The Columbus Division of Police will no longer be permitted to use tear gas as a crowd-control measure, and pepper spray will be limited to “clear instances of violence,” Columbus Mayor Andrew J. Ginther and other city officials announced Tuesday.
“I’ve heard loud and clear from the people of Columbus that tear gas and pepper spray used indiscriminately with peaceful protesters is not acceptable,” Ginther said, adding that he had issued a new directive to the police division.
“Tear gas will no longer be used to break up peaceful protests. Period,” he said.
Police Chief Thomas Quinlan also will convene a new 14-member advisory panel designed to allow community stakeholders to have a meaningful way to provide input into strategies, development of community policing practices, and an increase in the community transparency of police operations, officials said.
The panel was selected by Ginther and the city council. The panel has 10 Blacks, three whites and one Latino member; it has nine women and five men.
“I’m learning the names today,” Quinlan said at an afternoon press conference. “Whatever they want to bring to the table is what we’re going to discuss.”
The announcement came more than two weeks after protests in Downtown Columbus drew thousands of people, and the use of tear gas and pepper spray was documented by Dispatch reporters and protesters alike.
Under the division’s previous rules, officers were permitted to use chemical agents for a variety of reasons when dealing with protesters, even “for the sole reason of someone stepping into the street,” said City Attorney Zach Klein.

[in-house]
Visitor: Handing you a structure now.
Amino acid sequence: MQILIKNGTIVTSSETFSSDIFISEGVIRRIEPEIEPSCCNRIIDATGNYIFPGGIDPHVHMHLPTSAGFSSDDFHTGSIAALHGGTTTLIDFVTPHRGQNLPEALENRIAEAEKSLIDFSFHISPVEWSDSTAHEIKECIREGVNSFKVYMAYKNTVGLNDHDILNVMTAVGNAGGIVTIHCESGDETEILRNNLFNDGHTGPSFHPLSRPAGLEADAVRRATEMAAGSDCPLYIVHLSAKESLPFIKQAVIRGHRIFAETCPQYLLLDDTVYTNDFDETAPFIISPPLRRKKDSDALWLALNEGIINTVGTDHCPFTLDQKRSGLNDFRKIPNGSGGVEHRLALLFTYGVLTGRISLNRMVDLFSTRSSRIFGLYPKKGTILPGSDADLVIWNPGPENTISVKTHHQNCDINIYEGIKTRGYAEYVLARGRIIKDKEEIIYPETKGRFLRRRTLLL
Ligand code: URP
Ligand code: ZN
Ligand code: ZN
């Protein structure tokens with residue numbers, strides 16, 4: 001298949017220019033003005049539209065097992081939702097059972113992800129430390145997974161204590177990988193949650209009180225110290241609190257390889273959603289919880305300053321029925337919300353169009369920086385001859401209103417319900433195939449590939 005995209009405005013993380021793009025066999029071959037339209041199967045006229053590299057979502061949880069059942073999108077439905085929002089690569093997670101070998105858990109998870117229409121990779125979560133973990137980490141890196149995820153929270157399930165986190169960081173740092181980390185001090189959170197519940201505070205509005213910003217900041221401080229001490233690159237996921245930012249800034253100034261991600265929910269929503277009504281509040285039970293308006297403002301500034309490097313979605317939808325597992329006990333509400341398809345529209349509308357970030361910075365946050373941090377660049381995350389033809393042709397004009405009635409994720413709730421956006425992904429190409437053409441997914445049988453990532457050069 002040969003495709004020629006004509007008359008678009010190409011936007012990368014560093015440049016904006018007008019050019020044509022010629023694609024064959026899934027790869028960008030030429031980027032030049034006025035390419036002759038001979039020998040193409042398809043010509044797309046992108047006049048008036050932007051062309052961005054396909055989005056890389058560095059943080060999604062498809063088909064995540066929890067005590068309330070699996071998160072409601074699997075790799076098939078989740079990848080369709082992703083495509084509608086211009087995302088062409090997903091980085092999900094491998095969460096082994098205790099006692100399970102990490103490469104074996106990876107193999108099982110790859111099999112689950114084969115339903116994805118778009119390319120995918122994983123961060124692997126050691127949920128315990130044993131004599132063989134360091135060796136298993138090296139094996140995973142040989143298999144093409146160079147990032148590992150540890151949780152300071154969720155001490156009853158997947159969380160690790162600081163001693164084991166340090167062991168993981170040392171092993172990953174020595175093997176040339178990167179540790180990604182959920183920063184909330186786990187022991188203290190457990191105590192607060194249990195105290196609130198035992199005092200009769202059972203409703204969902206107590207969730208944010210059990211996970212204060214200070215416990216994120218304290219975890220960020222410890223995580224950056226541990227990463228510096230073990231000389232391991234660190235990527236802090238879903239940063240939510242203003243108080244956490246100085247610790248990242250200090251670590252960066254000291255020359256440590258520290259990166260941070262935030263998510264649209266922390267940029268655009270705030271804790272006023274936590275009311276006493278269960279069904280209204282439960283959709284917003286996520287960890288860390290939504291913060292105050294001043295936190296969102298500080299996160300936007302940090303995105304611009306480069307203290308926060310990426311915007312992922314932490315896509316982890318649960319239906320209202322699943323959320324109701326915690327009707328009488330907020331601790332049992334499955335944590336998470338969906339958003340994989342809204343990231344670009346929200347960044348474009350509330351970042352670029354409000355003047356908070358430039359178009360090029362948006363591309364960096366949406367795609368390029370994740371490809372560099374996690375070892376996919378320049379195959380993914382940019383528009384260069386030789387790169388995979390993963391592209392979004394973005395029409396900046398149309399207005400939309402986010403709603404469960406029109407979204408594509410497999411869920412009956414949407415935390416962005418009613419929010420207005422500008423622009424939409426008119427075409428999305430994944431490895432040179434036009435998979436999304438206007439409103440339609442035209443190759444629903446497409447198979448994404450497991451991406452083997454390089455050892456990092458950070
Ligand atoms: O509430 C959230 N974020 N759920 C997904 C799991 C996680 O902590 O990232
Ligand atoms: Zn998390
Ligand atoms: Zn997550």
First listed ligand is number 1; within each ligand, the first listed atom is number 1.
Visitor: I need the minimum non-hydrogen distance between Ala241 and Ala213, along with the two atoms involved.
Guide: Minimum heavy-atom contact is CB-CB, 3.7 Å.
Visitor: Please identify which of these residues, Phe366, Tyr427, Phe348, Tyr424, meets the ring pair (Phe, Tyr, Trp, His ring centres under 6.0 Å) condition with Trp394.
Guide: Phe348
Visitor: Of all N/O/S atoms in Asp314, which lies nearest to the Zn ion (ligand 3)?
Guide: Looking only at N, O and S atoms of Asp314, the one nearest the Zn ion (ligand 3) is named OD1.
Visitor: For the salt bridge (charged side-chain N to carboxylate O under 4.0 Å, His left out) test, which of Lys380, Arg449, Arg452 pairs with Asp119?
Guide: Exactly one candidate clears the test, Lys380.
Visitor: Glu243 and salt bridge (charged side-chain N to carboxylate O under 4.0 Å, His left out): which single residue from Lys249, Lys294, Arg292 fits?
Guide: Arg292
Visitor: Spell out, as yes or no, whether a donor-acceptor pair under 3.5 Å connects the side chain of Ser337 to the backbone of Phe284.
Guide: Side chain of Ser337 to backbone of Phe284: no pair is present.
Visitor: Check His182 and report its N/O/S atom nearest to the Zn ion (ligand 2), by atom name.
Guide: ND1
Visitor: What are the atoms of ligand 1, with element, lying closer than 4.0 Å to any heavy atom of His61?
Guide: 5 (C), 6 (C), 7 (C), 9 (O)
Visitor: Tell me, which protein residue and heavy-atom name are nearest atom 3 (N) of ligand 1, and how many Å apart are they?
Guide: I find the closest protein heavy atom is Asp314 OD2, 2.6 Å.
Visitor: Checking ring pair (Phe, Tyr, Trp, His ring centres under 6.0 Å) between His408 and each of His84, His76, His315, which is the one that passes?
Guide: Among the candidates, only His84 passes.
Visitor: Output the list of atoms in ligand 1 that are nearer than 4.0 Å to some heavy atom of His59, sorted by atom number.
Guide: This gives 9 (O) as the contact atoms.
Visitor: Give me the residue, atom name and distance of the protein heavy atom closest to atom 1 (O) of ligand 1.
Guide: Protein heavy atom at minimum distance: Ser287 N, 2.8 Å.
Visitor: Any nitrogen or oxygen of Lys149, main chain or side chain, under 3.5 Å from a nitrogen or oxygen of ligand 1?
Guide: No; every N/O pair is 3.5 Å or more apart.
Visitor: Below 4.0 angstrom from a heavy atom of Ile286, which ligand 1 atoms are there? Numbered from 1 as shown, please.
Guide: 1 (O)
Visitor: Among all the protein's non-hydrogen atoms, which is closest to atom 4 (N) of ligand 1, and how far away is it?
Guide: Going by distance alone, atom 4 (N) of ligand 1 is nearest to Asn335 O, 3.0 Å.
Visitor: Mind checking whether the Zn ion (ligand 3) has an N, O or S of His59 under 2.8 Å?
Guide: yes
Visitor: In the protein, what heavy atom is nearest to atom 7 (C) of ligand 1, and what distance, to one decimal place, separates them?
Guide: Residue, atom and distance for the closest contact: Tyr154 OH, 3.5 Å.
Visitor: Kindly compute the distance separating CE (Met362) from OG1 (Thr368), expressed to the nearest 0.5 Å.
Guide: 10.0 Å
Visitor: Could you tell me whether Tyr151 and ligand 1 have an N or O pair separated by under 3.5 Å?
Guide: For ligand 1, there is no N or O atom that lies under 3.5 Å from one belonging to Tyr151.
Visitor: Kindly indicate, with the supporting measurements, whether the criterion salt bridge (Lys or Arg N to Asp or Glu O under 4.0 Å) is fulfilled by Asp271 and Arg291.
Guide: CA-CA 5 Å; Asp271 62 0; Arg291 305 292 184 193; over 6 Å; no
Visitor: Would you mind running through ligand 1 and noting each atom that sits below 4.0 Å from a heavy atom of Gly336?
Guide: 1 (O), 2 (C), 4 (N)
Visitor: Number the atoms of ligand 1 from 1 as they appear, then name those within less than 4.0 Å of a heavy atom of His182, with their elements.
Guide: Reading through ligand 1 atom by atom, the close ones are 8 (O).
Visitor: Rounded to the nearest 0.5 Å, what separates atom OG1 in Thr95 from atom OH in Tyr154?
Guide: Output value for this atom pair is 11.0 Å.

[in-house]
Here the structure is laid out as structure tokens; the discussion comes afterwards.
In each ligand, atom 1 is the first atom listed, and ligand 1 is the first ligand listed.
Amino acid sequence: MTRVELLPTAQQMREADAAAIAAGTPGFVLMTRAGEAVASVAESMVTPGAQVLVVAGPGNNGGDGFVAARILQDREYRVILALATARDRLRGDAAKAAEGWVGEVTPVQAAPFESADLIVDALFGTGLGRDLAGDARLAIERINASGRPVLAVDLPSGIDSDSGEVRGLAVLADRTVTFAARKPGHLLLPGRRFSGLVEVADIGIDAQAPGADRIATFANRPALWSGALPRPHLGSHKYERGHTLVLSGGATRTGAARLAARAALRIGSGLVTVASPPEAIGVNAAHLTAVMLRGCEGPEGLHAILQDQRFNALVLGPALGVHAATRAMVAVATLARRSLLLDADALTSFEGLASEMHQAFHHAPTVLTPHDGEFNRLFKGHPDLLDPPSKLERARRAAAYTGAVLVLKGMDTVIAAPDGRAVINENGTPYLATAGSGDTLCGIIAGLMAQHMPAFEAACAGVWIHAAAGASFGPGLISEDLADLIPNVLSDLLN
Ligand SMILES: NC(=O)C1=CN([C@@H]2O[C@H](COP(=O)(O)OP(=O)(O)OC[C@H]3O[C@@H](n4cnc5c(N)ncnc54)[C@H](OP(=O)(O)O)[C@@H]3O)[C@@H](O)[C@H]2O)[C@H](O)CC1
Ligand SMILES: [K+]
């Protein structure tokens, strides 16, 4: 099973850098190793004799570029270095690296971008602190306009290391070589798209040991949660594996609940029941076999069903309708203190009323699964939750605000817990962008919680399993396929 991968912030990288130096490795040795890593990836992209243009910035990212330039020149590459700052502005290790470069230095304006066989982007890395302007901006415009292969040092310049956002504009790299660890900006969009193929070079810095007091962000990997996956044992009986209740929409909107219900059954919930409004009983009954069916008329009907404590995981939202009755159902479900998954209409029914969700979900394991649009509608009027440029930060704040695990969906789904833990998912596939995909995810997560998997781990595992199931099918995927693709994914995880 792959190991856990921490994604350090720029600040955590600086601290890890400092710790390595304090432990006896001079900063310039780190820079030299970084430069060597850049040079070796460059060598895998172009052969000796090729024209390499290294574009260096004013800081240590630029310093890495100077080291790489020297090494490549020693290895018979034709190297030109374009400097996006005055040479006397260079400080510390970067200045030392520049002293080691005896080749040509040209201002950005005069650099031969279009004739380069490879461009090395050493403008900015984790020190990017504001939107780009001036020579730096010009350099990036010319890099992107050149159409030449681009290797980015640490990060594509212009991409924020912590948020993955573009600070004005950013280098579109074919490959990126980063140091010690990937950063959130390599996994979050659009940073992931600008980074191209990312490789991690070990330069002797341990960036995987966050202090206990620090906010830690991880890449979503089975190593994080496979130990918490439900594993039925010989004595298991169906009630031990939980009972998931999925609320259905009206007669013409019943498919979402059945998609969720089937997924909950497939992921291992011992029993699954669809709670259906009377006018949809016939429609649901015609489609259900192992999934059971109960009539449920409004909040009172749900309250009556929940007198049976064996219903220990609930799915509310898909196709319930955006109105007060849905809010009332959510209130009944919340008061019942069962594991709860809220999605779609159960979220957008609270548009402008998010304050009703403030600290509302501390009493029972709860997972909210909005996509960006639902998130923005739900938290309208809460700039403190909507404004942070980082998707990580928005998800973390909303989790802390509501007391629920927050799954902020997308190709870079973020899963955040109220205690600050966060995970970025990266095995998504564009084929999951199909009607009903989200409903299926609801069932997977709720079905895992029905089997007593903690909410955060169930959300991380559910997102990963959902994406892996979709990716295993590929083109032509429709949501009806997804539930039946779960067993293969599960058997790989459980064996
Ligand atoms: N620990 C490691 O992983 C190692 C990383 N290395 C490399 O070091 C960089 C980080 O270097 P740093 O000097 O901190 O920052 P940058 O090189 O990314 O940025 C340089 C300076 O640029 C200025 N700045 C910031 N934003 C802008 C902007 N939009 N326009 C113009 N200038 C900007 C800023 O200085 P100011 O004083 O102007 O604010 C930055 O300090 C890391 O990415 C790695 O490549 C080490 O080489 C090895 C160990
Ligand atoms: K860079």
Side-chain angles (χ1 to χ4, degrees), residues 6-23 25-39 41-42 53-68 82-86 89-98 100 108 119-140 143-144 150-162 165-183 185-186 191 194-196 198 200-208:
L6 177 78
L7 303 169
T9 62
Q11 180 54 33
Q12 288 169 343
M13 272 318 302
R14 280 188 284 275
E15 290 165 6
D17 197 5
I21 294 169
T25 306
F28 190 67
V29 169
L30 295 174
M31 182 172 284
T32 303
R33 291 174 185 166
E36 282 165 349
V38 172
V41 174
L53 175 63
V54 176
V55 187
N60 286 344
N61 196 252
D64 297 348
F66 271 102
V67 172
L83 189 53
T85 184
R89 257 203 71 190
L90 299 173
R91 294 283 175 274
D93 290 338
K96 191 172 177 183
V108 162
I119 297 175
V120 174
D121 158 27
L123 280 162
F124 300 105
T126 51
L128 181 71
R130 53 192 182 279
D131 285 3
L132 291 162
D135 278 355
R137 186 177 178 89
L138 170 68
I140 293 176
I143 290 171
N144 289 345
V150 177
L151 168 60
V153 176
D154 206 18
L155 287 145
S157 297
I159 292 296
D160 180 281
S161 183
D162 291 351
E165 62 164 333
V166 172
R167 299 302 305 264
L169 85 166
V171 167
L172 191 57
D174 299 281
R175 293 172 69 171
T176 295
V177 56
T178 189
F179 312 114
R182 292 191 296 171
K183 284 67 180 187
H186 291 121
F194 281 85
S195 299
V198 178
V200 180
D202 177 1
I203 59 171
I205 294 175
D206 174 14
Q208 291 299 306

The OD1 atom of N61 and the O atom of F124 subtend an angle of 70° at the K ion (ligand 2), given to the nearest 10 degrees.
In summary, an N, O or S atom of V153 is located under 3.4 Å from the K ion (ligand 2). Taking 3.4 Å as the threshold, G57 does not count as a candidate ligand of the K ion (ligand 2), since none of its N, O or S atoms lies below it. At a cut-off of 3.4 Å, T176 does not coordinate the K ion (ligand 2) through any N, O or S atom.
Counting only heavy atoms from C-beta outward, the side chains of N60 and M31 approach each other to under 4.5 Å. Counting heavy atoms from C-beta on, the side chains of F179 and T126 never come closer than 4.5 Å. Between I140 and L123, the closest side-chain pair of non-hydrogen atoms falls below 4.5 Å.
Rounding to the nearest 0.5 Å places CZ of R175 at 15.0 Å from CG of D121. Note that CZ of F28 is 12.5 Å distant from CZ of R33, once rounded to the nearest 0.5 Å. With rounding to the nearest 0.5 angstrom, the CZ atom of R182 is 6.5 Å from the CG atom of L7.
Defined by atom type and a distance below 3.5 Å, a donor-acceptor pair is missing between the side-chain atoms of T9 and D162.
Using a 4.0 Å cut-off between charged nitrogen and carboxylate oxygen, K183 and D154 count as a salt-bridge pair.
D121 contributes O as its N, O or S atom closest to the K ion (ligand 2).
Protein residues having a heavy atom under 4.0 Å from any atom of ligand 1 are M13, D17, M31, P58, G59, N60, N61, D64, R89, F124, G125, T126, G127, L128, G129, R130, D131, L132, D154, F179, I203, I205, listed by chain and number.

The new rule will add specific language that a protester’s failure to move or leave a street does not meet the standard for chemical agents, Klein said.
“We get it,” Quinlan said. “We understand that the community’s expectations have changed.”
But when pressed on how police will handle a situation like the ones that arose repeatedly during the protests, where many peaceful protesters were mixed among more aggressive ones throwing objects at police and damaging property, Quinlan said the division is developing new tactics “to isolate people who are committing criminal acts of violence, to go in and remove them from the crowd.”
It’s a felony to assault a police officer, Quinlan said, adding that 187 officers were injured during the protests.
The Columbus protests and subsequent rioting started May 28 in response to the death three days earlier of George Floyd, a black man arrested by Minneapolis police for allegedly passing a counterfeit bill at a convenience store. Cellphone videos showed that an officer had his knee on Floyd’s neck for almost nine minutes while Floyd complained that he couldn’t breathe. The incident set off protests and riots around the United States and the world.
Ginther said that during the first two nights of protests and rioting, in which damage to the Statehouse and Downtown property occurred, he thought that police were on the receiving end of much of the abuse and violence, and that officers initially acted with restraint.